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Debut author wins Waterstone's Children's Book Prize
10.02.11 | Caroline Horn
Artichoke Hearts by Sita Brahmachari (Macmillan) has won this year's Waterstone's Children's Book Prize, which recognises writers who have written two fiction titles or fewer.
Brahmachari described Artichoke Hearts as "a coming-of-age novel written through the eyes of a 12-year-old narrator, Mira, about a pivotal month in her life when her grandmother dies, and she falls in love." The grandmother gives Mira a small piece of jewellery, an artichoke's heart, which is the beginning of her learning the secrets of the heart.
Brahmachari was awarded the £5,000 prize last night [9th February].
She said: "I felt it was a 'quiet' story so I was amazed when Macmillan took it on and published it. I was even more amazed when it was shortlisted for the Waterstone's prize and thrilled when it won."
She added: "As a début writer, you visit bookshops and wonder how on earth people will find your book within that sea of books already there? The Waterstone's prize gives your book a stamp of approval which might encourage more people to pick it up, which is what you always want as a writer."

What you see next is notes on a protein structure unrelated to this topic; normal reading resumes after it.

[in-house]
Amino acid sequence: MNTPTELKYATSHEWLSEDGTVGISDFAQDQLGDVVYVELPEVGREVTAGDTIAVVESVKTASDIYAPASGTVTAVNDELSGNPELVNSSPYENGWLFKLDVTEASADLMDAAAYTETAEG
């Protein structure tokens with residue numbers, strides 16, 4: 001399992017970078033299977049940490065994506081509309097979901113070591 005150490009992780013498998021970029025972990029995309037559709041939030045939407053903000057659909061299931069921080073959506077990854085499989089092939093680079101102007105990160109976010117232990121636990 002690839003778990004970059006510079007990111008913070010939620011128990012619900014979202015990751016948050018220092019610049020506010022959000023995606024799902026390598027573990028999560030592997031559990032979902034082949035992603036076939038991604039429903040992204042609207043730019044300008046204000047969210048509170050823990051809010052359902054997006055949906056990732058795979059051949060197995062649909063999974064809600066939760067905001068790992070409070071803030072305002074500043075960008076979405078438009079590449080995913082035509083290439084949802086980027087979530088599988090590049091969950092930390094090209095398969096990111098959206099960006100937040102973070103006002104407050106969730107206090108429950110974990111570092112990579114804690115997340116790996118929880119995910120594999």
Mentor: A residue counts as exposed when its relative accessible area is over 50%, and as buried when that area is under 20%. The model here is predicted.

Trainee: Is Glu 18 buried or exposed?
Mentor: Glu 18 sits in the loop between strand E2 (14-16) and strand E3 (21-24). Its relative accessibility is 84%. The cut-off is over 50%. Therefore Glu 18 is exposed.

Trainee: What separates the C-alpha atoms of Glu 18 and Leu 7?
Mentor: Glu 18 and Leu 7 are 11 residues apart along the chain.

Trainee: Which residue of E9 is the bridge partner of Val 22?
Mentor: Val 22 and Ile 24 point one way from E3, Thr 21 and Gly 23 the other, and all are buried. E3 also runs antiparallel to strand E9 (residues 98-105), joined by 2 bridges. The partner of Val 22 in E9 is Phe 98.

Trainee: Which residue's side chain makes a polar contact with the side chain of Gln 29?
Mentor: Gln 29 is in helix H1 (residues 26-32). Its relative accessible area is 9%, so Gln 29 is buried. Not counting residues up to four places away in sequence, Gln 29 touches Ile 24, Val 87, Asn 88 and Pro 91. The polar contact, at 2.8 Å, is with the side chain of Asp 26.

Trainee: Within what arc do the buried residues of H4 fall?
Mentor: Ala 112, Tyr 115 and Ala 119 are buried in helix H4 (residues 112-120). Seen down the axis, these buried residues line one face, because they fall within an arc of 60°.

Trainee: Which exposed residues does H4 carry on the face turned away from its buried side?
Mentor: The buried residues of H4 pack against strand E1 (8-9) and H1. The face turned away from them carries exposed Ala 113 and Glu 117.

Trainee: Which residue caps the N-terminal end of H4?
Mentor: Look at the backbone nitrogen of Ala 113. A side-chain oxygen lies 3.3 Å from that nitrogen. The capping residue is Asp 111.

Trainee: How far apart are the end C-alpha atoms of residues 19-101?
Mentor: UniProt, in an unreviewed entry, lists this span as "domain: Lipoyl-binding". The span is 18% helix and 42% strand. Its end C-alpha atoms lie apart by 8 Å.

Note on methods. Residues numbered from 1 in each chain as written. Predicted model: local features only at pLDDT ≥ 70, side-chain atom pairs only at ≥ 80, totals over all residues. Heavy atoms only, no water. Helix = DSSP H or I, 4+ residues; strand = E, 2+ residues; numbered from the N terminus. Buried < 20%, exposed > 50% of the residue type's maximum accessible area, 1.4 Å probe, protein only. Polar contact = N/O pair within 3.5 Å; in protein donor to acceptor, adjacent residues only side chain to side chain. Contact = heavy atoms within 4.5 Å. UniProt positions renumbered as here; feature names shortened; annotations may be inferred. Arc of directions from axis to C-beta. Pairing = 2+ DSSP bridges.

Brahmachari now writes full time but previously worked in theatre education. She said: "I have 20 years of working in schools behind me and found it incredibly inspiring to work with children and young people."
The author has signed for two titles with Macmillan and has just completed the second story, which is based on a minor character from Artichoke Hearts, although it remains a stand-alone book.
Although much of the teen market is focused on paranormal romance, Brahmachari said: "I don't think it's in me to write a genre-based story." She added: "That's not to say I won't write about the paranormal at some stage." Artichoke Hearts has many references to ghostly appearances, based, says the author, on her own experiences of seeing ghosts as a child.
She is now gearing up to do events in the guise of Pat Print, a character from her book who works with children to inspire them to write their own stories—a character to whom she very much relates.